It was a special night for pro wrestler Andruew Tang. The wrestling promotion and school which he co-founded in 2012 with Russian wrestler Vadim Koryagin, Singapore Pro Wrestling, was throwing a live show in a dormitory for Singapore's migrant workers that was just for its residents. It was two days before Diwali, and the timing was intentional—he wanted to give back to a population that helped grow of the country. Tang has performed all over the world in his career, but still, he was nervous.
“The thing about being both a performer and the event’s organizer is that I will always feel stressed, not only about my own match, but also to ensure that the entire show runs smoothly,” Tang told VICE. "Every pro wrestler worth his or her salt will experience a burning desire to outperform their peers, leave a statement for fans watching in attendance and make them want to come back for more."
There was plenty of excitement at Singapore Pro Wrestling: Night of Daredevils, but there was a lot of pressure to put on a particularly good show. Their audience was some of Singapore's close to 1.4 million foreign workers (Singapore's total population is 5.6 million). And they weren't the skilled and professional minority, they were part of the bigger chunk of the population who are either construction workers or unskilled or semi-skilled laborers. And despite their significant contribution to Singapore's infrastructure and economy, these workers are often paid very little.
"Some of them collect basic monthly salaries that are as low as $400 SGD to $465 SGD," said Ou Ningfei, the co-founder of Labour Arty, a non-profit that aims to bridge the societal segregation between migrant workers and Singaporeans, through various forms of art. "Many of them pay as much as $3,000 SGD to $15,000 SGD to their agents in home countries like India and Bangladesh, in order to secure jobs in Singapore that are no walk in the park.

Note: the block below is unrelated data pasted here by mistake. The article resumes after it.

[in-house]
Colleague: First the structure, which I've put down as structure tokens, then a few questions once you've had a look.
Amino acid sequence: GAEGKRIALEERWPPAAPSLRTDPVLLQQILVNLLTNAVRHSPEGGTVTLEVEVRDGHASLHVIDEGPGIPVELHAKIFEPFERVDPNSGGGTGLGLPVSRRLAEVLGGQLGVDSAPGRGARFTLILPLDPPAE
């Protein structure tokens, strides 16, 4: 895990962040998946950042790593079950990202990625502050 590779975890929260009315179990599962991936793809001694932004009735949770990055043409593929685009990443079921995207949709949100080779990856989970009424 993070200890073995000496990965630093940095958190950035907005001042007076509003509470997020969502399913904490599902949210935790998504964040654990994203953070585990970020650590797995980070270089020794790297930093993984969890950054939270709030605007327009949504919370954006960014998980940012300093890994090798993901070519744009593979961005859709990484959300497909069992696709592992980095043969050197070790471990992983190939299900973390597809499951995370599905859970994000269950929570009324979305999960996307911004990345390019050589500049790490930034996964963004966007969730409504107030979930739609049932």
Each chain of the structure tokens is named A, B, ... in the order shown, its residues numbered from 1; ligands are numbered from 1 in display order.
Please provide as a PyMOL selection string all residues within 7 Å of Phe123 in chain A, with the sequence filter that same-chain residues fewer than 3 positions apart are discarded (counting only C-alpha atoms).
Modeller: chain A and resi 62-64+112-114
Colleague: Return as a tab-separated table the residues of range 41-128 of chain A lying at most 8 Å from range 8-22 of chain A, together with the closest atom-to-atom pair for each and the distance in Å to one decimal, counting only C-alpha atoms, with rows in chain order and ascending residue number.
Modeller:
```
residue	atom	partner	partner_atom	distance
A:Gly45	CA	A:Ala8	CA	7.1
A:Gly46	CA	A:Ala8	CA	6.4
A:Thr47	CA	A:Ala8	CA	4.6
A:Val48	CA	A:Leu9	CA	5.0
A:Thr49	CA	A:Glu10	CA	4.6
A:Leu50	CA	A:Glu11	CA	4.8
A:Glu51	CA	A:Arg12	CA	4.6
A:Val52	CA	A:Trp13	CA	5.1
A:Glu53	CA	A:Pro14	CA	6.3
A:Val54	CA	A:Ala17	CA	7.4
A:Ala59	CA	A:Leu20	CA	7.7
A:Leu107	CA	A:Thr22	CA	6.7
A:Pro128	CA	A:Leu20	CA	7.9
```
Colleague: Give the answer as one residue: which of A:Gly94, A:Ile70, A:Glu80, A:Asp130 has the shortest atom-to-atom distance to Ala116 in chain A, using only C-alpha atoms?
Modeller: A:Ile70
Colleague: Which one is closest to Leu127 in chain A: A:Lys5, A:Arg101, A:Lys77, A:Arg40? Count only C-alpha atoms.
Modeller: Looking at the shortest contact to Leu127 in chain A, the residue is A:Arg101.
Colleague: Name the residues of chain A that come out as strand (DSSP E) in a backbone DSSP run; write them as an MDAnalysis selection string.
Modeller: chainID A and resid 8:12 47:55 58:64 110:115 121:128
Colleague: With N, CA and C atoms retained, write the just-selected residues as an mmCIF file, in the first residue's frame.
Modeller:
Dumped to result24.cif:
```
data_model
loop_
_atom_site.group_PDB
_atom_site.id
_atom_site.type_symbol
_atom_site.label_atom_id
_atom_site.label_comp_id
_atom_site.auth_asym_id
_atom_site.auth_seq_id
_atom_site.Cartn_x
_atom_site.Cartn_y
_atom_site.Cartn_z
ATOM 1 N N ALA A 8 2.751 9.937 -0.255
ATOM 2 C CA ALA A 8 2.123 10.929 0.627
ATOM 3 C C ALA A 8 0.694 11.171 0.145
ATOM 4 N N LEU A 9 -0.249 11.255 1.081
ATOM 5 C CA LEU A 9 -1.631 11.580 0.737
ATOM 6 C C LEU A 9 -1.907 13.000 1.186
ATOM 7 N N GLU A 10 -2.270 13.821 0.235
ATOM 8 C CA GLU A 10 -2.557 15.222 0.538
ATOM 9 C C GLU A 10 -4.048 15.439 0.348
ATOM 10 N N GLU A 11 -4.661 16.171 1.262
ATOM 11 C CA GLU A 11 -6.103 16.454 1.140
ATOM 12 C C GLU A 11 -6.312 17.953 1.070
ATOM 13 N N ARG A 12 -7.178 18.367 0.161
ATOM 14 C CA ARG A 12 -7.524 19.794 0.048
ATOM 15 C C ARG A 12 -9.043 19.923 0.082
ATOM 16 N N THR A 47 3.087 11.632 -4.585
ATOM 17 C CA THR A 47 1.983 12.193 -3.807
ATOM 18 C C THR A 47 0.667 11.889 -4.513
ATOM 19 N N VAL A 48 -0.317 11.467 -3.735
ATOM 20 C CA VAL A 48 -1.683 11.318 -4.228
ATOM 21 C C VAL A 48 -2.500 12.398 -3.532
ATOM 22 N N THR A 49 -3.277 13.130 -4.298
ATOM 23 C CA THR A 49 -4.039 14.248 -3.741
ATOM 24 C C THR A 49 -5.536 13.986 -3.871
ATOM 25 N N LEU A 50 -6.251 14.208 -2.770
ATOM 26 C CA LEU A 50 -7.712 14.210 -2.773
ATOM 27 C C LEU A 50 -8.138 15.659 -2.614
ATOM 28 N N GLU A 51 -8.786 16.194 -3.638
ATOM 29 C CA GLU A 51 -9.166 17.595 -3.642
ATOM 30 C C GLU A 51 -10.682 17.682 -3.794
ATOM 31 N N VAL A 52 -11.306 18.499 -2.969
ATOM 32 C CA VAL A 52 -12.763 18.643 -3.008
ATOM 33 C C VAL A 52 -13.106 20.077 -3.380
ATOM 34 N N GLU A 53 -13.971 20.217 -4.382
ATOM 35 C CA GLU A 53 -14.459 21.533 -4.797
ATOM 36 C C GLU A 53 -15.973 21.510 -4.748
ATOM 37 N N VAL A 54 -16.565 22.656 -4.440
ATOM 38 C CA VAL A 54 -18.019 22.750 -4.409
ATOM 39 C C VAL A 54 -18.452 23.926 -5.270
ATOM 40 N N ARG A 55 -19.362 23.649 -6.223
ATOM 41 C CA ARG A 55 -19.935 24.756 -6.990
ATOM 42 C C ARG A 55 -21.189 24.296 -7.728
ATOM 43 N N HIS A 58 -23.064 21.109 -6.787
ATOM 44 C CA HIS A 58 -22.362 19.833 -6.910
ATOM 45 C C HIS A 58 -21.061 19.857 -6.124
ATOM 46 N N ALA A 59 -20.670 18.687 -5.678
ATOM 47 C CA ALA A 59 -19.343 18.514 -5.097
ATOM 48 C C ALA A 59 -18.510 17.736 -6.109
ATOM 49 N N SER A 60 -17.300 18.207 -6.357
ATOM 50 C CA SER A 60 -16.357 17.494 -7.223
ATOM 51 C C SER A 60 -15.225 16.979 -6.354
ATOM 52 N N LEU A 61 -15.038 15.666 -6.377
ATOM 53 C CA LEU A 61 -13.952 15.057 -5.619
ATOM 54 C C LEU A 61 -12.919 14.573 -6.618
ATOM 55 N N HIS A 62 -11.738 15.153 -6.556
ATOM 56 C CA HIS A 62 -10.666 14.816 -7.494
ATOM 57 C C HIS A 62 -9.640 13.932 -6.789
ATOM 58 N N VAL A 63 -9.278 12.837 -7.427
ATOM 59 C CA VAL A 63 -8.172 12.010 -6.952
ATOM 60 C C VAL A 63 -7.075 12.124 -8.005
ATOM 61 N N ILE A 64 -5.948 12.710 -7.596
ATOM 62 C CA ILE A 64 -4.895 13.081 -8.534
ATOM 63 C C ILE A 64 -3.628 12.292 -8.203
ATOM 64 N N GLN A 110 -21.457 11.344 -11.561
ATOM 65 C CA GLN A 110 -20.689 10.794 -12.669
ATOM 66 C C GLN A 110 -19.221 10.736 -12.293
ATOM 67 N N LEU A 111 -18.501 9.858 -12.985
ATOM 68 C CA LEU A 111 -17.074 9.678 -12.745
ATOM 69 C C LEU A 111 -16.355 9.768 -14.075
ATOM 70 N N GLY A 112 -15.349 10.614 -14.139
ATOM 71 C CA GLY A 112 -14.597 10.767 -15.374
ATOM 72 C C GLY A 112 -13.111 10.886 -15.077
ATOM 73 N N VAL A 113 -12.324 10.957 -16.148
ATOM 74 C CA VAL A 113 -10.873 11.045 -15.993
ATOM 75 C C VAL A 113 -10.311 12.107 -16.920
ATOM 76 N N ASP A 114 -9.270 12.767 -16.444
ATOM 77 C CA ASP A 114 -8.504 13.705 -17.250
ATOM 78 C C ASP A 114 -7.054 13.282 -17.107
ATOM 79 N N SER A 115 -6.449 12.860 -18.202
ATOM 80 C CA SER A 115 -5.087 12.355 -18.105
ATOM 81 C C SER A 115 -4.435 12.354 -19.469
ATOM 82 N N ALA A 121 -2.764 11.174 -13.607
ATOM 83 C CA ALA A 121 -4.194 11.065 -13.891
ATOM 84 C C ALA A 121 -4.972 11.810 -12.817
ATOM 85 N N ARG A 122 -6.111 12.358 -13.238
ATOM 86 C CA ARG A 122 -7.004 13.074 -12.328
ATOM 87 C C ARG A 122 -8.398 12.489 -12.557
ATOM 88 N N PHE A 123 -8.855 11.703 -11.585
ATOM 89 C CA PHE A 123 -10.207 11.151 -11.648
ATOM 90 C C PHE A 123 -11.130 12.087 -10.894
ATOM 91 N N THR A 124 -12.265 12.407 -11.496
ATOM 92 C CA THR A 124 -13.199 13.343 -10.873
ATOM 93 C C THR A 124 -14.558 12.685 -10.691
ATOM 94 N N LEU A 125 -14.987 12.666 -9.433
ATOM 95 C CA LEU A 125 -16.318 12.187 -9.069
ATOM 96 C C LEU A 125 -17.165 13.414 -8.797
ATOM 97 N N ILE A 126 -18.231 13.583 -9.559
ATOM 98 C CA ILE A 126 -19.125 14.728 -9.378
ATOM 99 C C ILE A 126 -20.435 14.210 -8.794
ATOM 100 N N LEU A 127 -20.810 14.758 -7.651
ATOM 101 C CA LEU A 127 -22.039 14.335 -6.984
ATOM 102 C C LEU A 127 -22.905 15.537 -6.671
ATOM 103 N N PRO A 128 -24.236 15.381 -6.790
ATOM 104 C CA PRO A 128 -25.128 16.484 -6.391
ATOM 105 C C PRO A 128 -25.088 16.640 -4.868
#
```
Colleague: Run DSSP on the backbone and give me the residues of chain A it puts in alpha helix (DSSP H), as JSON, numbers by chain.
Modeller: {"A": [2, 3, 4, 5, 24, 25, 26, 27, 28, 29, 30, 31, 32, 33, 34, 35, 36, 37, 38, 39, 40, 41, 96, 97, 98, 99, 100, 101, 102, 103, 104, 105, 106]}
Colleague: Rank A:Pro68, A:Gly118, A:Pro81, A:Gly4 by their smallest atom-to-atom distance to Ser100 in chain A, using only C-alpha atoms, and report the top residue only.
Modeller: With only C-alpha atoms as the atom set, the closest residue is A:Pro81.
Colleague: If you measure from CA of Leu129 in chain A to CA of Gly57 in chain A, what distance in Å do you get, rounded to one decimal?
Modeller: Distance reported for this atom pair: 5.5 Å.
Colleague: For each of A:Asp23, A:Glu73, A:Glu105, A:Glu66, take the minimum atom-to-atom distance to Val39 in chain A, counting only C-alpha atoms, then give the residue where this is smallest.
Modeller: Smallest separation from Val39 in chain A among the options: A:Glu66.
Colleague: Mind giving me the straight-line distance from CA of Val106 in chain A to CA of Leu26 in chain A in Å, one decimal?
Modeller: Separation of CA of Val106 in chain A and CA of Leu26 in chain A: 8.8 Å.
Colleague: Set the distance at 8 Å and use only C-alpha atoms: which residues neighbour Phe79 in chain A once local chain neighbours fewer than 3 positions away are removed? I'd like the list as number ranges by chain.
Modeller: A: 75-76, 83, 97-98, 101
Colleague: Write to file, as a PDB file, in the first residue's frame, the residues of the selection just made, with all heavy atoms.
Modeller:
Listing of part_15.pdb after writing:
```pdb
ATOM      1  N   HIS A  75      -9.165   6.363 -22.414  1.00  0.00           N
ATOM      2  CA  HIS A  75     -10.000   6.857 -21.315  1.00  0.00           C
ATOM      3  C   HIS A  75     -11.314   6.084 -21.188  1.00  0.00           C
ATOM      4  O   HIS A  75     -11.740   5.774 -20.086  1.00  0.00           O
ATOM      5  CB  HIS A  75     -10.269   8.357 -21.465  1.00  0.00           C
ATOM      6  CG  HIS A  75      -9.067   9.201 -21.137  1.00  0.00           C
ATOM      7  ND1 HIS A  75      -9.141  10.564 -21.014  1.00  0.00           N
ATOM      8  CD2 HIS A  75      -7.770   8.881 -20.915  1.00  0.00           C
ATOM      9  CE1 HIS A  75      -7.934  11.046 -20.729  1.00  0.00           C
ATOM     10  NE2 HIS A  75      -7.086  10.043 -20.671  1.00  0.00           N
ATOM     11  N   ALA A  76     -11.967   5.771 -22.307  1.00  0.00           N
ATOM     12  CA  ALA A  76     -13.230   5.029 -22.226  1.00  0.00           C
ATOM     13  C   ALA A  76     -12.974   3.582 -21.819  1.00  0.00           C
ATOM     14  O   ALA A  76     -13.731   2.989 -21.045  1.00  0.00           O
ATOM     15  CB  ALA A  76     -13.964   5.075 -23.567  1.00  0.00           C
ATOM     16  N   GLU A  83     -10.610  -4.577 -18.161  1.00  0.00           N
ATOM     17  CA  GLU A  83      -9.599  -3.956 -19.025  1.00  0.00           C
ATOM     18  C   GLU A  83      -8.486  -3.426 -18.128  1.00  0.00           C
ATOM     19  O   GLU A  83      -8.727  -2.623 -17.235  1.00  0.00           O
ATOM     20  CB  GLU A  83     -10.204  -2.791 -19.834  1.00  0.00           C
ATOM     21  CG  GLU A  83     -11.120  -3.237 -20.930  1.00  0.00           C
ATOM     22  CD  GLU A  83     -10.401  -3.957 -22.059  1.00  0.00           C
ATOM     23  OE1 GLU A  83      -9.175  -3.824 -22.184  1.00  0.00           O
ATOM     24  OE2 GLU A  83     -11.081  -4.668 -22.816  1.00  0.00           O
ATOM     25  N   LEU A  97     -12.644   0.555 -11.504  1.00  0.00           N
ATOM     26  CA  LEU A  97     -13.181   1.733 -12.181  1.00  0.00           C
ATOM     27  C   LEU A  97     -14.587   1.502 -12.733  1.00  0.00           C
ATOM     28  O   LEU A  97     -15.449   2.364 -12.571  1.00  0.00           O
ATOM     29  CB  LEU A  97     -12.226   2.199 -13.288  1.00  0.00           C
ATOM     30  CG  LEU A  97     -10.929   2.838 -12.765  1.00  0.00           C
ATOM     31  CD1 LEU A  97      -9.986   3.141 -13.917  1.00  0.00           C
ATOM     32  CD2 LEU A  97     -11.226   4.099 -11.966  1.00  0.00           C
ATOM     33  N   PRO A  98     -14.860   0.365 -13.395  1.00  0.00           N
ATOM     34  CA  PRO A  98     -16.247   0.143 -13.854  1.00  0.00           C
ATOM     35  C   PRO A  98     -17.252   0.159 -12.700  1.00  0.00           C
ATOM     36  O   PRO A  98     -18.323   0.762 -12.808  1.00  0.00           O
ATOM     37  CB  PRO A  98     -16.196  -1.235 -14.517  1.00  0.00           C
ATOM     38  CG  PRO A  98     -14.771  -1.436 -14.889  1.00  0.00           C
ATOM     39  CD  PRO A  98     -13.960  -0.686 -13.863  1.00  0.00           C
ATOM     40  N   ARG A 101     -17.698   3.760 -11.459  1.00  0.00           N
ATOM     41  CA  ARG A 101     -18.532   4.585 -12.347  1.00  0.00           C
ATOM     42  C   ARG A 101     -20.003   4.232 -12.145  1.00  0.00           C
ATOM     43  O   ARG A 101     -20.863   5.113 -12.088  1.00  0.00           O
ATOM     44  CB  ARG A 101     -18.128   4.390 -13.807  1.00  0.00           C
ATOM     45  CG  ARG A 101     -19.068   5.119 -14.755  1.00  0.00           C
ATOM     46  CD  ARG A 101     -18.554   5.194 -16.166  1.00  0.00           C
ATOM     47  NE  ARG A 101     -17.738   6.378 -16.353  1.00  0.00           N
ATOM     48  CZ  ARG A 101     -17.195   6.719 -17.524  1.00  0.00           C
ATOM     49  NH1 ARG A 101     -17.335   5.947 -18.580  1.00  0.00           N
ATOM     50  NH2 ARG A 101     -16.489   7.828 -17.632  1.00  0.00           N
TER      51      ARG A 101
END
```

“They live in cramped conditions, subsist on spartan meals and are sometimes the victim of criminal injustices committed by their employers. However, art, and performance arts like pro wrestling, are interests that both parties might share and can relate to. When foreigners are not discriminated against by their adopted community, injustices against them too will become a thing of the past.”
Tang, and the other performers, wanted to leave a good impression.
“Tonight, we managed to win over a very different crowd and give them a night to remember,” he said. "Our trustworthy crew ensured that the whole event ran smoothly, which let all of SPW’s male and female performers concentrate on having good matches."
Among others in attendance in the ring was Aiden Rex, an adept gymnast and pro wrestler. A graphic designer by day, Gavin brings his audience to their feet at every SPW event with feats of superhuman athleticism. That night was no different.
“Before each show begins, I find myself thinking about putting on a good performance for the audience, executing every manoeuver smoothly and with proper form and technique," Gavin told VICE. "Sometimes I think about the risks and potential injuries too, but I try to block that out.”
Danie Dharma, a national bodybuilding repeat champion, also felt honored to be part of this one-of-a-kind show.
"Speaking the same language and being the same ethnicity as many of the audience members, I got a really warm reception from them," Dharma told VICE.
It's true—the audience screamed and cheered every time he lifted and threw his two opponents around the ring. "I’m glad that I was able to really connect with them, and that they were able to relate to the show and its variety of characters.” After the event ended, the dormitory’s residents swarmed the performers, asking for pictures together and kissing the wrestlers’ hands as signs of gratitude. The show, lively as it was, wasn't going to solve the problems that Singapore's migrant laborers face every day. But that night, there was a lot of joy. And that's enough for now.